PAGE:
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Julien: 'We don't mix politics with hockey'

WASHINGTON -- Boston Bruins general manager Peter Chiarelli said during the team’s morning skate Tuesday at Verizon Center that his guess is Tim Thomas will not start in net against the Washington Capitals.

The Bruins’ No. 1 goaltender will not be disciplined for his political comments or his decision to boycott the team’s trip to the White House on Monday to meet President Barack Obama.

“I’m not going to regulate free speech,” Chiarelli said.

As per club policy, the starting goaltender is not made available to the media on game days, so since coach Claude Julien did not announce whether Thomas or Tuukka Rask would start, neither spoke after practice.

“Tim has his beliefs and how Tim deals with them is what Tim is going to do,” Chiarelli said. “I respect the fact that’s the case.”

Chiarelli also said that the organization has known about Thomas’ plans for the last three months and his statements Monday night were consistent with his conversations with Chiarelli.

“Tim is his own person and he’s been that way for the six years that I’ve been around. That hasn’t changed, and it won’t change,” Chiarelli said. “We won the Stanley Cup and we’re playing well this year.”

While management and players recognized Thomas’ right to free speech, not everyone agreed with his decision on the White House visit and his statements.

“I obviously disagree,” said Bruins defenseman Andrew Ference. “I have a different viewpoint. I think this is a wonderful country. It’s done so much for us so I think that’s why we were so thrilled to go, because we obviously have a different viewpoint.

“That being said, everyone has their own point of view and that’s the country as well, right? Just because you disagree with or have a different viewpoint with somebody, it’s not our job to look down and be harsh toward that person. It’s their view, their choice. You can completely disagree with it, but in this country you have to respect it.”

Ference has a strong connection with a group of local Army Rangers in Boston and he participates as much as he can in a variety of military engagements. So having a chance to visit the president was a no-brainer.

“We were all excited to go and obviously looked forward to an honor like that,” Ference said. “It’s something that’s a rare opportunity. All of us made our own decision to go because it’s a great thing. It was his decision and obviously he believes strongly in things, so be it. It’s not for us to really delve into because it’s his business.”

Thomas, along with defenseman Steven Kampfer, were the only two Americans on the Cup roster last spring.

“It’s Timmy’s decision,” Kampfer said. “It’s his beliefs. It’s his right to do what he wants. We all had a great time going there and seeing the White House. For myself, it was a dream come true because I studied it in school, I was a political science major, so to get to go to the White House and shake the president’s hand was awesome. It’s something I’ll never forget.”

Julien made it a point to focus on Tuesday’s game against the Capitals, saying it’s his job to coach the Bruins and he’s not about to criticize or support any political decision by one of his players.

"What we’re worried about right now is our hockey team and what’s on the agenda tonight,” Julien said. “Our group is all mature enough to look past that and obviously our group was very proud and honored and privileged to have gone to the White House. That’s our view and we don’t mix politics with hockey. In this dressing room, our job is to win hockey games as a team and that’s what we are. We’re going to continue to do that.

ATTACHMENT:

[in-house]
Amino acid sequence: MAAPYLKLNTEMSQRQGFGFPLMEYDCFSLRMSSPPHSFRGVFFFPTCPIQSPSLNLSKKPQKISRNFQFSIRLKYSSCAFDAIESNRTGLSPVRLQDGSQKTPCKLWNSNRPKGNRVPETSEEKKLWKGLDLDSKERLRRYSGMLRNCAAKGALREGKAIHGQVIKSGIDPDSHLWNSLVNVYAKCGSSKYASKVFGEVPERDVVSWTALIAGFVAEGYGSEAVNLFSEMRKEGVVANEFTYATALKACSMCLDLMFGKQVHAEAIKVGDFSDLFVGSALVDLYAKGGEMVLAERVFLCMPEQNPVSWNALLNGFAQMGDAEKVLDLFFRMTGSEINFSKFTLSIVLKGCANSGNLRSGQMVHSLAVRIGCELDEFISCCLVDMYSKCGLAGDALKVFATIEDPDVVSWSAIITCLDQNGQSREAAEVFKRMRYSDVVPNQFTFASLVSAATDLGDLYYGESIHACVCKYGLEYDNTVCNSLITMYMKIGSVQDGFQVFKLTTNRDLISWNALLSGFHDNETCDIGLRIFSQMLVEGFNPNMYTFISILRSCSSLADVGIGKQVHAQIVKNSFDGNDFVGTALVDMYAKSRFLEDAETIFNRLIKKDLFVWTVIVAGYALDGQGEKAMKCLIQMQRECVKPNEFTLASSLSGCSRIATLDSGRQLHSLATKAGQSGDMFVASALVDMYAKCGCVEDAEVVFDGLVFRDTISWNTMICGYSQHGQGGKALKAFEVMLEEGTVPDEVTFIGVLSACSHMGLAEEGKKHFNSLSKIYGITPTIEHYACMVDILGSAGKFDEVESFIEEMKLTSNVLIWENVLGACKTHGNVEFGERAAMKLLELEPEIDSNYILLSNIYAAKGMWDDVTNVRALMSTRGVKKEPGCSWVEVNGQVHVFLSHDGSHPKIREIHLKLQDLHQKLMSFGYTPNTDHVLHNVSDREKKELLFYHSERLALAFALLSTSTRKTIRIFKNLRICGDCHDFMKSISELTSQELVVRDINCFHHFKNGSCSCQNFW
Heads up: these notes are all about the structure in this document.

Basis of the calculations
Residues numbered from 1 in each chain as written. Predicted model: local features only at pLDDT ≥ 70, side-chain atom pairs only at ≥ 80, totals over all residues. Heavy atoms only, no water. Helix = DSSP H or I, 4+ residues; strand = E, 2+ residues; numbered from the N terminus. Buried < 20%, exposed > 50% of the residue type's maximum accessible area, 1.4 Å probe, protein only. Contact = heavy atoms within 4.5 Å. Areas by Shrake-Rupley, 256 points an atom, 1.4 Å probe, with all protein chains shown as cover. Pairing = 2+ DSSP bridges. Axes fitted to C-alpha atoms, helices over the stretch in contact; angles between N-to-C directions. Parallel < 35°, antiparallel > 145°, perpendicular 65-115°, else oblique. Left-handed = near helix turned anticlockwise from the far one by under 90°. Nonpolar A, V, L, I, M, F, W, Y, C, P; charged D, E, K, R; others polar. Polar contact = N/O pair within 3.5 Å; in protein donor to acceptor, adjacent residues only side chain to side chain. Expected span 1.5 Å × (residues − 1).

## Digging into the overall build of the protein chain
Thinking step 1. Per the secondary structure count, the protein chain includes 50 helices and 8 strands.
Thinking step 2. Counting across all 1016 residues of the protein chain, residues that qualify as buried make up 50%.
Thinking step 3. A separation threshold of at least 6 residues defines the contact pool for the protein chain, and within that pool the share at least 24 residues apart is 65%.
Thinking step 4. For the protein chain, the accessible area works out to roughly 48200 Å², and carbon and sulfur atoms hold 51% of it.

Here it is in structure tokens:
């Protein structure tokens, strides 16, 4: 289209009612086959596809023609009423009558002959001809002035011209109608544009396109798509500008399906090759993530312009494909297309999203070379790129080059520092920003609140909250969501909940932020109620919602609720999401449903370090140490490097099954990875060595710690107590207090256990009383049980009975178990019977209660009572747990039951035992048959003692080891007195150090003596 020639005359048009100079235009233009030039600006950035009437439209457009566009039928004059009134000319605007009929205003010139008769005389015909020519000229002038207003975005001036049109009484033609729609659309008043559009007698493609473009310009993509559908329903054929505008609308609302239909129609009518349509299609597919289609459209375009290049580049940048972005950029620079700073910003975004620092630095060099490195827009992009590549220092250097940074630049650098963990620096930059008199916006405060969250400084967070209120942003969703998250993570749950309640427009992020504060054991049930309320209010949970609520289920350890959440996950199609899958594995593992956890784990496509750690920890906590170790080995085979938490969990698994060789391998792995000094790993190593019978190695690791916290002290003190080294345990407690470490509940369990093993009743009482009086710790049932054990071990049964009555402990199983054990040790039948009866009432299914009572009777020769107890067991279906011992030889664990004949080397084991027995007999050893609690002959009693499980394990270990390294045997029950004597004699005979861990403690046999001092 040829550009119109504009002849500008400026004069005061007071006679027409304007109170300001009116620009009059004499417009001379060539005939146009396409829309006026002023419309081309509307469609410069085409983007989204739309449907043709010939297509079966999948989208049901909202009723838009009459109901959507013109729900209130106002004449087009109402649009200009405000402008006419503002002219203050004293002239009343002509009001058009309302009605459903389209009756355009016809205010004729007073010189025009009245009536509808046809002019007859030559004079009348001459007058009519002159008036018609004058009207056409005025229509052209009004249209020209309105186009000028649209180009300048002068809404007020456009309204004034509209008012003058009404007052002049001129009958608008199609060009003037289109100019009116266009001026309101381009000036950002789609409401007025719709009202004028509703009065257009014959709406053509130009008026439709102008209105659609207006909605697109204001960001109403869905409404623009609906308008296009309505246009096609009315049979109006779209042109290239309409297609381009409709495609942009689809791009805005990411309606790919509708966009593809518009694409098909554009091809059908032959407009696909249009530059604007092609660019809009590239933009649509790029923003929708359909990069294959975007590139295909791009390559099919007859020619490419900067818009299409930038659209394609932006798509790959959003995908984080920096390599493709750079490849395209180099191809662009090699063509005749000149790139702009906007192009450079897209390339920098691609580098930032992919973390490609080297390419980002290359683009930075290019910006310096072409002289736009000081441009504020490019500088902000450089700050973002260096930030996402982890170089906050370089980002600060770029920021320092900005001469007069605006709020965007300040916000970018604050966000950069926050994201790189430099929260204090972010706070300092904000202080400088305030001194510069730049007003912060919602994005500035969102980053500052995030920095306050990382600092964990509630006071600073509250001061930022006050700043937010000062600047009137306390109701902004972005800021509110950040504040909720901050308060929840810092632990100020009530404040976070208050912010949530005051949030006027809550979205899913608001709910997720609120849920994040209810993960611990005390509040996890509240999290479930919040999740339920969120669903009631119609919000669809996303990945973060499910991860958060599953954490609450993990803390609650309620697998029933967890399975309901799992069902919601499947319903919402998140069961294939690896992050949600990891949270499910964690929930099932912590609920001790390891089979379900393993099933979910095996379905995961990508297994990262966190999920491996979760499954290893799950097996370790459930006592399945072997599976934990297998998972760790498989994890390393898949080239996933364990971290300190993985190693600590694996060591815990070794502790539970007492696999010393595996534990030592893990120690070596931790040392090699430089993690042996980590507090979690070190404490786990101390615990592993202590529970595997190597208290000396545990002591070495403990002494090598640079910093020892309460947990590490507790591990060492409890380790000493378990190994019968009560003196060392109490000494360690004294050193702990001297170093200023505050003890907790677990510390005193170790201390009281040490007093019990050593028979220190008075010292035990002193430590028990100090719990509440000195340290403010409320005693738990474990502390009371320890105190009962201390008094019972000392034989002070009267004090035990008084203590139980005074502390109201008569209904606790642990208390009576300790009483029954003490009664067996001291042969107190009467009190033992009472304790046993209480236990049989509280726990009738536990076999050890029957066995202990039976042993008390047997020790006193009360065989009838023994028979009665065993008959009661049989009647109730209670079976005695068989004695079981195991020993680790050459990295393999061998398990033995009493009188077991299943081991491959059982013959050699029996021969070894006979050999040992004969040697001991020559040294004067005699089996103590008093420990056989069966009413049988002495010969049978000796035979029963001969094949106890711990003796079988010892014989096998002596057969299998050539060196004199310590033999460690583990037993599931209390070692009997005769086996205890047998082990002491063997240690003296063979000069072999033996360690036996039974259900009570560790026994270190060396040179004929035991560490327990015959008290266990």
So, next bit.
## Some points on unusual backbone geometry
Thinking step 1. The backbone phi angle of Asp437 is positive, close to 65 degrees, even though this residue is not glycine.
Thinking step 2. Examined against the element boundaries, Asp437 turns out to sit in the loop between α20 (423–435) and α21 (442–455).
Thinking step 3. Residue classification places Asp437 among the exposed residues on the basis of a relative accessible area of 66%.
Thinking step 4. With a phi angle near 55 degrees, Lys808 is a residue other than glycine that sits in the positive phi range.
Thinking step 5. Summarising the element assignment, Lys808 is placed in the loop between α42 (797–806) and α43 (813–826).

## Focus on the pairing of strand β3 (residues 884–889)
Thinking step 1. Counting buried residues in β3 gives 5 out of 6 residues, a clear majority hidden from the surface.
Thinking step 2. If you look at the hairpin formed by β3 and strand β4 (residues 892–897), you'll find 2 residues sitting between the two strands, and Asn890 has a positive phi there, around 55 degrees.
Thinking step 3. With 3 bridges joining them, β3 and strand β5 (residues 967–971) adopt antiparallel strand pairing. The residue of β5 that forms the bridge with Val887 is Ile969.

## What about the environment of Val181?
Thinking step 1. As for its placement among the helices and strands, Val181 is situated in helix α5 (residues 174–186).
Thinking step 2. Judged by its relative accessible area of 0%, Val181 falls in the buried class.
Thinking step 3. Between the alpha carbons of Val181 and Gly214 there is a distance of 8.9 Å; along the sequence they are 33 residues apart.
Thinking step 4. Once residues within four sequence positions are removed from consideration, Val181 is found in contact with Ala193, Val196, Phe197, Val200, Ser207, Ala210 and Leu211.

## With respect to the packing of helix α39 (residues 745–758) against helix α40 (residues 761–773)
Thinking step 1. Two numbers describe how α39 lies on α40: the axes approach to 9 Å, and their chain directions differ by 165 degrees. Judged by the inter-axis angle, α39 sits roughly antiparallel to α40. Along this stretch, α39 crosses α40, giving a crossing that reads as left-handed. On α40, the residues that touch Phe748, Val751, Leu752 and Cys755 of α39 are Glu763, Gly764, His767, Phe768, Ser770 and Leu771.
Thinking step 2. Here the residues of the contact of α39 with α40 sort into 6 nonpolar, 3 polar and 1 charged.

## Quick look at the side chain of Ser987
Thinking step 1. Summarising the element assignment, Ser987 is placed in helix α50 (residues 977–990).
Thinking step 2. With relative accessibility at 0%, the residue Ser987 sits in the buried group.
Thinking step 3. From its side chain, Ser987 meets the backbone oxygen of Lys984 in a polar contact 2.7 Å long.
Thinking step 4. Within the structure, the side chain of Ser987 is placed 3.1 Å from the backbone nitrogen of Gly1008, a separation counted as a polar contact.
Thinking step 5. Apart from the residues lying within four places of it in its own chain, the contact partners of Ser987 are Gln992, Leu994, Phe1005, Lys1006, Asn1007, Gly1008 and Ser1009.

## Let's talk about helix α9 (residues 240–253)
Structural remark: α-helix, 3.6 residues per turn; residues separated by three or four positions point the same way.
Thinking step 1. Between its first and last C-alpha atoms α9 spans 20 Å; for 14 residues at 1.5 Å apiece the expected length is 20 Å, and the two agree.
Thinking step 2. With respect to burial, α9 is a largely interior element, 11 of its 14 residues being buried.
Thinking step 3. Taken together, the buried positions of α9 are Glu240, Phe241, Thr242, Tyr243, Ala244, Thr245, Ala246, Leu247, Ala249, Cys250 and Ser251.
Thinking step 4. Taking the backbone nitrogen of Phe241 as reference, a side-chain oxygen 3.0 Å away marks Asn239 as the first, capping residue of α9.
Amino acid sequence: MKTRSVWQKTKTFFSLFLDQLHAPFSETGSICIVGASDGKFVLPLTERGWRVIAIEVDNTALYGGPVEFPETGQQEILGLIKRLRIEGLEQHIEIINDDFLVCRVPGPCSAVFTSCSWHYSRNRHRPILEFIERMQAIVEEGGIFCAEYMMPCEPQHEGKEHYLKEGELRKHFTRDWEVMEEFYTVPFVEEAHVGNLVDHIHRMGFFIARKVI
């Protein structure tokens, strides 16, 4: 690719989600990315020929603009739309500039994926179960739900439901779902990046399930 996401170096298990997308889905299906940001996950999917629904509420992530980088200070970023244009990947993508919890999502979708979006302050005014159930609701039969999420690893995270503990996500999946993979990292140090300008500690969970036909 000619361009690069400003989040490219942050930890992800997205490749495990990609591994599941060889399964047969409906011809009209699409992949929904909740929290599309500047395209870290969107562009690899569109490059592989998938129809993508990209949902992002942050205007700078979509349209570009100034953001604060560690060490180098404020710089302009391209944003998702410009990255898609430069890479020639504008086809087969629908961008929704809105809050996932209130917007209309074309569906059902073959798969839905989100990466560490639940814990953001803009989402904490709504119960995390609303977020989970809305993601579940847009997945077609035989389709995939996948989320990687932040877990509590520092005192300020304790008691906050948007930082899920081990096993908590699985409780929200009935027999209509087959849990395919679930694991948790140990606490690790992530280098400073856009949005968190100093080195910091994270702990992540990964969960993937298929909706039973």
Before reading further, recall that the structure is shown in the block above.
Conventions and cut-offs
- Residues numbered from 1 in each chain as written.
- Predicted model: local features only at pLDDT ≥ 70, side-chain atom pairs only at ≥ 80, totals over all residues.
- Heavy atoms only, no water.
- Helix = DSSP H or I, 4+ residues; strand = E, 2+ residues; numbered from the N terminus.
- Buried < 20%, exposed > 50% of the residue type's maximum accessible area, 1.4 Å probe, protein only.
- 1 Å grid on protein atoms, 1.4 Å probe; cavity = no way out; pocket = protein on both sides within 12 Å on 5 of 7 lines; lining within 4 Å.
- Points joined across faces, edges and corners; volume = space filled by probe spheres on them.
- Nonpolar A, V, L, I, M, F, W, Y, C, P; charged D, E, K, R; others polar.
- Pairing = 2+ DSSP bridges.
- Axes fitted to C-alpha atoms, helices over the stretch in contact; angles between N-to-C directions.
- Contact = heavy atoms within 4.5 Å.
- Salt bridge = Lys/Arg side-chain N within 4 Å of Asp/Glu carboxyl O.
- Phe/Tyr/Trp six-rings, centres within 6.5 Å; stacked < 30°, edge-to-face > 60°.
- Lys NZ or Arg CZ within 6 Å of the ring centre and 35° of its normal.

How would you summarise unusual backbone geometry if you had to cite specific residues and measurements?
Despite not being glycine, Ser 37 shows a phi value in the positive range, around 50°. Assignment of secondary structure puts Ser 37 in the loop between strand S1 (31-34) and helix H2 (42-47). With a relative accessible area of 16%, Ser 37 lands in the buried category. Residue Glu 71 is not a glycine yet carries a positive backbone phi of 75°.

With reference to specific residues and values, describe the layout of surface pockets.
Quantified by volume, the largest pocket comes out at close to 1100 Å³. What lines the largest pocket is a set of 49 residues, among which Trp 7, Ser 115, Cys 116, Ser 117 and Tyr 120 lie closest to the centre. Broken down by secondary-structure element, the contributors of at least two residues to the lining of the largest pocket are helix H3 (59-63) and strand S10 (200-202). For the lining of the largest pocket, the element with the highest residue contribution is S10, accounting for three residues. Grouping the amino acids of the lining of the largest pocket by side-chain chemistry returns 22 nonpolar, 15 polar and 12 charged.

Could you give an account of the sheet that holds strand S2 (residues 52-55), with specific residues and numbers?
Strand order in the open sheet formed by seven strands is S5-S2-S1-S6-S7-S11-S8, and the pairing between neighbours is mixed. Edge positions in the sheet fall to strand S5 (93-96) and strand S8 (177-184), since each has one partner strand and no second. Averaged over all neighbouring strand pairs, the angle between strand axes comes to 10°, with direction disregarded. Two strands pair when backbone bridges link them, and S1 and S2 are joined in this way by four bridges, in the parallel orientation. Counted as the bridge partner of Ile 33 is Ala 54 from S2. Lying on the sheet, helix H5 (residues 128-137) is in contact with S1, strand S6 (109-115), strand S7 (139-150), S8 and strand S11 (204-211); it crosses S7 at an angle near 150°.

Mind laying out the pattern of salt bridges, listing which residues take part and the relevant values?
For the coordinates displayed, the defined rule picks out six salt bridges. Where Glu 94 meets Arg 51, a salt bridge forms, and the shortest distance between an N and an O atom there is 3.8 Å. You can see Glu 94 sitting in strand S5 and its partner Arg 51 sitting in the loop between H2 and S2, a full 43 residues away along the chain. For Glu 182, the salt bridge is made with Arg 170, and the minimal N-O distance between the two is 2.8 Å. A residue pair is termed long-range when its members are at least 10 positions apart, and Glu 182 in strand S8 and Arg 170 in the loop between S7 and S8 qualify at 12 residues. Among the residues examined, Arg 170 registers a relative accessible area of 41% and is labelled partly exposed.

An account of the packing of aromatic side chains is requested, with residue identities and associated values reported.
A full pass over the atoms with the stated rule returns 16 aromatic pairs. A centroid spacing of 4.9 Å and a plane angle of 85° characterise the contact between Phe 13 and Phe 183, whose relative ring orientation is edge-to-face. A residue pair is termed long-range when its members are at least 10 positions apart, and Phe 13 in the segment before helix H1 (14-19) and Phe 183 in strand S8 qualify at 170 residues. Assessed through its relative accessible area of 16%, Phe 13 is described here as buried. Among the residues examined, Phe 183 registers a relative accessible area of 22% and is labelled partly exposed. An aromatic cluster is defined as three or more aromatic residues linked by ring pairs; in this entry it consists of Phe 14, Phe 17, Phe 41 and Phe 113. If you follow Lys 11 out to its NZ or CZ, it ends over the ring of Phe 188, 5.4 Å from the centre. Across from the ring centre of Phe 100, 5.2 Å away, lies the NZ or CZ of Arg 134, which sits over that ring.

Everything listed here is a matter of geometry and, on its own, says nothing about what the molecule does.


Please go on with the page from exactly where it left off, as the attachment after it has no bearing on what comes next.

“It’s unfortunate what happened yesterday,” added Julien. “It’s the reality of the world. I mentioned the word ‘team’ and we’re thinking as a team right now.”

Bruins forward Milan Lucic said he’s not into politics and would also rather focus on hockey, and that he only wants Thomas to stop the puck.

“I don’t think it really matters what I think about it,” Lucic said. “I still enjoyed the day and took part of the opportunity. I know the guys who were there had a lot of fun. It’s something, for me personally, I will remember for the rest of my life.

“Clearly he has strong opinions," he said of Thomas. "It’s a free world and he can do whatever he wants. Still believe he’s going to play the way he always plays. As long as he stops pucks, that’s him doing his job.”

The few players who spoke about Thomas’ decision said they don’t believe it will be a distraction. The majority of this team has been together for a few years and the players know each other well.

“We’re the same people,” Ference said. “It’s not like the locker room all of a sudden changed one day. It’s the same personnel and the same personalities. We’re all practically married to each other. It’s not like there are too many secrets on viewpoints and personalities. Maybe it’s interesting for everybody else to read on the outside, [but] for us it’s just another day. It’s the same family we’ve had for the last few years.”

The Bruins’ organization, led by team president Cam Neely, Chiarelli and Julien, believe strongly in the team-first concept. Julien is all about team chemistry and team bonding. The coach also believes this situation won't change the dynamic on or off the ice.

“My answer is pretty clear. We were honored and we went,” Julien said. “Everybody makes their decisions and he chose not to come. So whether we support him, or don’t support him, it has nothing to do with hockey. We are a team and we’ll continue to be a team.”